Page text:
To get a more accurate data from GPS, Kalman filter is being recommended. But I can't find any tutorial how to implement Kalman Filter for GPS, android.
closed as offtopic by Cody Gray, Erik Schierboom, Qwerky, Shlublu, Bhavin Jul 31 '13 at 11:36This question appears to be offtopic. The users who voted to close gave this specific reason:



GPS Data are already heavily Kalman filtered. This is done inside the GPS receiver. Dont expect an accuracy gain in position (lat / lon) if you create your own kalman filter. Further you dont have the information that the internal GPS receiver had. It feeds its internal kalman filter 1000 time / per second, before it outputs one location. In your own post processing filter you might gain a smoother track (related to visualizing the positions). But smoother is not more accurate, only more pleasant to view. Another topic is whether or not the GPS positions must be available in real time, e.g display the current position on screen. If you want to smooth your tracks afterwards (non realtime) you could be successfull, but I would not use a kalman filter for that case. A kalman filter is well suited for real time filtering, for post processing, you could try a sliding average with a triangle window filter (easy to implement, while kalman is very komplex) 


There’s a lot of stuff you can find through Google and Wikipedia, but having a basic intuition could be useful. Essentially, a Kalman filter means repeatedly applying a twostep process:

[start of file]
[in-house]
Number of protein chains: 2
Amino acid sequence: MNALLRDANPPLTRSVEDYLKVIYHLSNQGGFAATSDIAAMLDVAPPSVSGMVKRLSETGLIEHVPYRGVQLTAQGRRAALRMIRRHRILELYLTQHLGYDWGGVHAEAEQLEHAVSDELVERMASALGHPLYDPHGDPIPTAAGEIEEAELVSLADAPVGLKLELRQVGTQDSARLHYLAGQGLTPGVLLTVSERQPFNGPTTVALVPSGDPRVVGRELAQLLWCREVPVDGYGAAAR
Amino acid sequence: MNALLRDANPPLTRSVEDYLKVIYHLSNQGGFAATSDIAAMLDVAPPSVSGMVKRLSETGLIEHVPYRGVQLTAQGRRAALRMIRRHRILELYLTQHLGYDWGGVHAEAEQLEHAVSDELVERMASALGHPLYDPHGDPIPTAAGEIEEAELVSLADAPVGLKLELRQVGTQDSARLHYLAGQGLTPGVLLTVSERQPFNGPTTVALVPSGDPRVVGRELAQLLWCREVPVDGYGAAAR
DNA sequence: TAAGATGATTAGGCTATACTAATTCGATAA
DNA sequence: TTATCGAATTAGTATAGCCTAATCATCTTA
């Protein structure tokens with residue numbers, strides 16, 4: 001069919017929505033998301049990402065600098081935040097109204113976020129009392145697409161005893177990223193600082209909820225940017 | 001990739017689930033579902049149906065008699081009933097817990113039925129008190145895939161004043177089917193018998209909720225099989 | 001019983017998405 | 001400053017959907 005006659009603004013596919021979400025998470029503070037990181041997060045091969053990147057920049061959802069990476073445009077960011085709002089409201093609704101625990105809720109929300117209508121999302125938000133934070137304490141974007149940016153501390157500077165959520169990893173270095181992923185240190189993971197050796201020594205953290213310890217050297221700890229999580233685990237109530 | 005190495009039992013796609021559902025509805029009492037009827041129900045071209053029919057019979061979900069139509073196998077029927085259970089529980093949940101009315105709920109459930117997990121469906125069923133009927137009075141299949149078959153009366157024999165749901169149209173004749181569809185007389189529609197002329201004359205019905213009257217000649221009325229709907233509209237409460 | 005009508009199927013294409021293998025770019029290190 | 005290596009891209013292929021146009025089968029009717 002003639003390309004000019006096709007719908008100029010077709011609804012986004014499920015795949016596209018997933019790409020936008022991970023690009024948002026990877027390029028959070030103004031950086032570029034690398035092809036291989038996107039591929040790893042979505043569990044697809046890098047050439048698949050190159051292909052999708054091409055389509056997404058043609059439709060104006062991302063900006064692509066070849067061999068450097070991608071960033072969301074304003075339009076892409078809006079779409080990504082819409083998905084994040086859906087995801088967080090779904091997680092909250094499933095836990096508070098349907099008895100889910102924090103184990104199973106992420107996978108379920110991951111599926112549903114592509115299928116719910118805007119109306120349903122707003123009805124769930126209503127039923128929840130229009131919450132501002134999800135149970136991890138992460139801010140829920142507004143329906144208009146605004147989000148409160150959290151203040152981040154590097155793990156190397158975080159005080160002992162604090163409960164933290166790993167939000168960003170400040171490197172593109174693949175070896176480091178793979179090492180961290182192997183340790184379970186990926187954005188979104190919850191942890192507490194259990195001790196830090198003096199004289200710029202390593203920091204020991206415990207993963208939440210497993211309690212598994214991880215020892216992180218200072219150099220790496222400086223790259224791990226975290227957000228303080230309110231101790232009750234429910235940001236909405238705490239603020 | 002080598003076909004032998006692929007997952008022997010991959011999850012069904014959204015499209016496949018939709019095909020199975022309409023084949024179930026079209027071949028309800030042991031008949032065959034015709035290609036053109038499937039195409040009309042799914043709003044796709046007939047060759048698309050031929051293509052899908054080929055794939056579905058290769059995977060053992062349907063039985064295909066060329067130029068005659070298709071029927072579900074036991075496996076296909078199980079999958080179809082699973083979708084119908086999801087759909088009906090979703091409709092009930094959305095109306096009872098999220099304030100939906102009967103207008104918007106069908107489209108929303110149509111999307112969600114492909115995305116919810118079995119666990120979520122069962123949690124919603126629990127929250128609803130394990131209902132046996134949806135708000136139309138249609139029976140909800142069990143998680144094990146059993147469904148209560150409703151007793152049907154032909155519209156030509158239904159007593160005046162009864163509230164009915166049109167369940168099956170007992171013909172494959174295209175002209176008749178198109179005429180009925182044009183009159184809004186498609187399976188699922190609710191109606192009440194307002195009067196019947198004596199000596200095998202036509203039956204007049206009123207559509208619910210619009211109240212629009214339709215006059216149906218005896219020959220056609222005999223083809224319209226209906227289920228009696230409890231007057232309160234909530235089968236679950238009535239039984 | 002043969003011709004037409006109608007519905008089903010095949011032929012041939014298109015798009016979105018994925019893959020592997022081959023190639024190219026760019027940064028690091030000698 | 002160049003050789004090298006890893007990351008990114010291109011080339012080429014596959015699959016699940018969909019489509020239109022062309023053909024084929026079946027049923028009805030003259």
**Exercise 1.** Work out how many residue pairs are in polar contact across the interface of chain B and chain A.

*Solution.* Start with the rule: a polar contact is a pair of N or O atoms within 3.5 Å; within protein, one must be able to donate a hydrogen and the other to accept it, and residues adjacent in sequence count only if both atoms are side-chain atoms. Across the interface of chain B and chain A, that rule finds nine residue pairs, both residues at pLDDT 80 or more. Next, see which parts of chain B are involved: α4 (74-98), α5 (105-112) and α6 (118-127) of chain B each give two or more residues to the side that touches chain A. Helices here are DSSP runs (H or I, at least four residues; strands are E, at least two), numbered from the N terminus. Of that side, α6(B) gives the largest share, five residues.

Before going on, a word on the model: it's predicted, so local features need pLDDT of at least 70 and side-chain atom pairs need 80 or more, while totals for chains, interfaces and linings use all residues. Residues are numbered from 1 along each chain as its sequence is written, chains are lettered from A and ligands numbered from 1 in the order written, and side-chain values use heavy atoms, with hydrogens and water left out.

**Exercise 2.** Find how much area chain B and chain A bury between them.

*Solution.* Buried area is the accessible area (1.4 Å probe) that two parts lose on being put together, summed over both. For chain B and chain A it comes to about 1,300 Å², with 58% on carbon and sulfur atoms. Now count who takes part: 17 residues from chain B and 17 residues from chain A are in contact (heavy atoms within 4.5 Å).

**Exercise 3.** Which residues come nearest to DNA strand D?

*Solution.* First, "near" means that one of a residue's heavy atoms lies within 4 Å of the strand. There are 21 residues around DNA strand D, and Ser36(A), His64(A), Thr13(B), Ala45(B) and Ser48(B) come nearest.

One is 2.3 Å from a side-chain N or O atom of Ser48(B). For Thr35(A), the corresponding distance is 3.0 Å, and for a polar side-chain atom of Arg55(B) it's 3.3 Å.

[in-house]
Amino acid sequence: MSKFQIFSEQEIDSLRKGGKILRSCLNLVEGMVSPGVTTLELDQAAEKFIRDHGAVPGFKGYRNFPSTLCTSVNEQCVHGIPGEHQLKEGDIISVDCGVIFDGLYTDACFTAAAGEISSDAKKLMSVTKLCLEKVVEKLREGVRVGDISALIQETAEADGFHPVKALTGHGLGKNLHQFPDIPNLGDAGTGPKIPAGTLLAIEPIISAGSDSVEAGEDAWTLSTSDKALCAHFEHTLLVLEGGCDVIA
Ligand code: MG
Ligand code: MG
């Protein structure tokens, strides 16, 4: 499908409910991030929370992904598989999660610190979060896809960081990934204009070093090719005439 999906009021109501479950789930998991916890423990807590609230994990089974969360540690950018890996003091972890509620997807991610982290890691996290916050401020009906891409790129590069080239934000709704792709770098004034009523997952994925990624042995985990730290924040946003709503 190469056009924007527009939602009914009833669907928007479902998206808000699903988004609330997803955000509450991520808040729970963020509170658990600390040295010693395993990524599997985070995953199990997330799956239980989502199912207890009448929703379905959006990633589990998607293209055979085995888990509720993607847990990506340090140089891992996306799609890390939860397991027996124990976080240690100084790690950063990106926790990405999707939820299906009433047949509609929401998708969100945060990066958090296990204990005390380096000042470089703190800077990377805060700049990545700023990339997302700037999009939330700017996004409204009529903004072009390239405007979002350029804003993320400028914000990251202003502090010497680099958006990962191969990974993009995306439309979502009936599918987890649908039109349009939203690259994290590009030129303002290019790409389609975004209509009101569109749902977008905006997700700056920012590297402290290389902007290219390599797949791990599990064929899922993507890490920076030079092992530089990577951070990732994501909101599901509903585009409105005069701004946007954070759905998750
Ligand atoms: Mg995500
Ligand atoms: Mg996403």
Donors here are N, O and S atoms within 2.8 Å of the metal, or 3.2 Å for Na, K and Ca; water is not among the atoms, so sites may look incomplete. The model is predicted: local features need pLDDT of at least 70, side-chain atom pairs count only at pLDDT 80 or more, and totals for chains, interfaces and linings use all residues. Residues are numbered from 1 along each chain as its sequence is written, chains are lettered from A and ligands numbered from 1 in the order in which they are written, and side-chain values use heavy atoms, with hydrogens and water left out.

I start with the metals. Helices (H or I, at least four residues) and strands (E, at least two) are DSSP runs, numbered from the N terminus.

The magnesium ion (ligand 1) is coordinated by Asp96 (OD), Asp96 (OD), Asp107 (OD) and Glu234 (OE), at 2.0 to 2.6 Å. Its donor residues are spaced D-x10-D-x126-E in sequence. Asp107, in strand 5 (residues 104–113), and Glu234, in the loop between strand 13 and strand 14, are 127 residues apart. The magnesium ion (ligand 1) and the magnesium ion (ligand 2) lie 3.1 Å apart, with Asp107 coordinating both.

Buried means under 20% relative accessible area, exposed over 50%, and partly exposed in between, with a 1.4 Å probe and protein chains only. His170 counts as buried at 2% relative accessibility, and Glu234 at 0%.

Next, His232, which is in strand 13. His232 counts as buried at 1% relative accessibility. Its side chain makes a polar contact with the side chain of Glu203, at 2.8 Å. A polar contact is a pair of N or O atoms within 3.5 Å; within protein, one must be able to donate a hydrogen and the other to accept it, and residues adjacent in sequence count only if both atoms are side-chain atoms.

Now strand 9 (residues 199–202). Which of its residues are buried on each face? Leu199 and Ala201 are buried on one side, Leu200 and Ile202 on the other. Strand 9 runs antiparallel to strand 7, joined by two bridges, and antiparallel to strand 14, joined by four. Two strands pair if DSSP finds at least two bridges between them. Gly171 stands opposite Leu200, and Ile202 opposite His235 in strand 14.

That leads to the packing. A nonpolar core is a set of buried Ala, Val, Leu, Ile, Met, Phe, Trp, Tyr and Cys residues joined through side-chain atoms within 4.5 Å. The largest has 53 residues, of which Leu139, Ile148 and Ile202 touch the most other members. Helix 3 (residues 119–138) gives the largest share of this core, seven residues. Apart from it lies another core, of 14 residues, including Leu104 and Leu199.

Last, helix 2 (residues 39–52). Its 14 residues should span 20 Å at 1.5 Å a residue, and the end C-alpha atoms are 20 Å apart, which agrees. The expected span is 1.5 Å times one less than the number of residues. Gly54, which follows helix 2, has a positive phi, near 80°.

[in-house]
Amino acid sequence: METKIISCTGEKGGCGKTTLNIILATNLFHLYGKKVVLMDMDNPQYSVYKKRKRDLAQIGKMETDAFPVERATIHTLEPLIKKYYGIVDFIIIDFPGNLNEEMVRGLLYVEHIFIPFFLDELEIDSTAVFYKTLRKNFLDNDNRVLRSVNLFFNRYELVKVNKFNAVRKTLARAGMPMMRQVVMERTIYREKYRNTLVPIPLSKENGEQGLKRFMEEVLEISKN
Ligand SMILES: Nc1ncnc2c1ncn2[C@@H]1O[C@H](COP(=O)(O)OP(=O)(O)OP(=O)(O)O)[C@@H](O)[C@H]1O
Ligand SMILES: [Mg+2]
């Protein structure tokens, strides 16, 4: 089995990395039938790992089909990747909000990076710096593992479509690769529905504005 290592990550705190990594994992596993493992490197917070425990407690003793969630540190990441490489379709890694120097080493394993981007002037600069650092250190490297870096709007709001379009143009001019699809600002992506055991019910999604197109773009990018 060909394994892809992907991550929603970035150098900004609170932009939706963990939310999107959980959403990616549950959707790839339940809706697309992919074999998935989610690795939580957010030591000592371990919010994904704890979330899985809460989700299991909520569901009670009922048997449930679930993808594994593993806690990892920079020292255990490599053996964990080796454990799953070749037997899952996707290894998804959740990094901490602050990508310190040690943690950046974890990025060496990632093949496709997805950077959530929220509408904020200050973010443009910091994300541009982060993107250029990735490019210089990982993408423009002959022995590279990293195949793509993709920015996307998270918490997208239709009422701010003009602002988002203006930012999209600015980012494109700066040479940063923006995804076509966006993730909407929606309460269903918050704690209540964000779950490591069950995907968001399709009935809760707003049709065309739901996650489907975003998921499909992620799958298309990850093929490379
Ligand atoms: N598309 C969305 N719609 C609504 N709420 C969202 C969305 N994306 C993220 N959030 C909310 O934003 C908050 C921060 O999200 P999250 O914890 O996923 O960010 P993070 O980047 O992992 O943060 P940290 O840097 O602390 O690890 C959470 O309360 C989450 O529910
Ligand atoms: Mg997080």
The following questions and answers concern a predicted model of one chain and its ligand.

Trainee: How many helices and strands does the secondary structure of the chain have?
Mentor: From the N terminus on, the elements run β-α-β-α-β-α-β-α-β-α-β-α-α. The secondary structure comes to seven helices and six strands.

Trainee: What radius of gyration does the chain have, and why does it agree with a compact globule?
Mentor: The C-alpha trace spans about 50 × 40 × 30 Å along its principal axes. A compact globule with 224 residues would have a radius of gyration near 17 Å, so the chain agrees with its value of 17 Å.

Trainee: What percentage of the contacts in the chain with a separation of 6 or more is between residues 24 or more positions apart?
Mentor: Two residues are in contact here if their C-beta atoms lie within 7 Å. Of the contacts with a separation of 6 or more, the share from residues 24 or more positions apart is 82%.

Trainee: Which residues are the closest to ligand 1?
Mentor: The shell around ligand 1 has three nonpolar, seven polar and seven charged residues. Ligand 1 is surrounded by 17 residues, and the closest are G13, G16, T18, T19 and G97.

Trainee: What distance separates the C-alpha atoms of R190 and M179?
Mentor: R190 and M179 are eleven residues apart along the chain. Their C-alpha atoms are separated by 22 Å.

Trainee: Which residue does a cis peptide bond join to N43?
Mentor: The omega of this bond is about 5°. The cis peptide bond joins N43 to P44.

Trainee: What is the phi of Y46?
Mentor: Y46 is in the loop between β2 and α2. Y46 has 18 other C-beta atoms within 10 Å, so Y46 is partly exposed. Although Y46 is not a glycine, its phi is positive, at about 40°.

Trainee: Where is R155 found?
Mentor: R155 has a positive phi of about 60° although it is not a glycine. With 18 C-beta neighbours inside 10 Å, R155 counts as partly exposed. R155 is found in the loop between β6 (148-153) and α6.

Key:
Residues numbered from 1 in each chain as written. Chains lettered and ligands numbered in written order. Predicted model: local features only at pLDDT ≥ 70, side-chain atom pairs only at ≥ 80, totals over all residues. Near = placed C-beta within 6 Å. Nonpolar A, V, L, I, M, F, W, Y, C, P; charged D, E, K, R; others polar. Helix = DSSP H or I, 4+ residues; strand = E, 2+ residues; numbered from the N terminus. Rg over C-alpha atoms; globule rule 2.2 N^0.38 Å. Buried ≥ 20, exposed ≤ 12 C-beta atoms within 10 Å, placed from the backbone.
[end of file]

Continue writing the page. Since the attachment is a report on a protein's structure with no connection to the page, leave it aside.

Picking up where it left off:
A Kalman filter formalizes a simple idea: when you know how fast you’re going, you can predict your geolocation from the last reported GPS position, and then update when a new GPS report comes in. We will talk about two variables here: the mean, which is your best guess, and your uncertainty, which represents the accuracy of that guess. In terms of GPS, you would be talking about the GPS location and the margin of error (e.g. 10 meters). With every update you do, you increase your uncertainty a bit because you’re not really that sure the velocity hasn’t changed. When a new measurement comes in, you update the position and the certainty. The mean and uncertainty can be represented as a Bell curve (a normal distribution), with the variable on the X axis and the probability of it having that value on the Y axis: Here µ (mu) is the mean and σ (sigma) is the uncertainty. Any such curve can be described by these two values. The trick is that you can actually multiple two bell curves (your prediction and your measurement) and get a new one representing the combined knowledge, which you’d do when you get a new GPS position after having done some predictions. You’ll find the math for this on Wikipedia and other sites.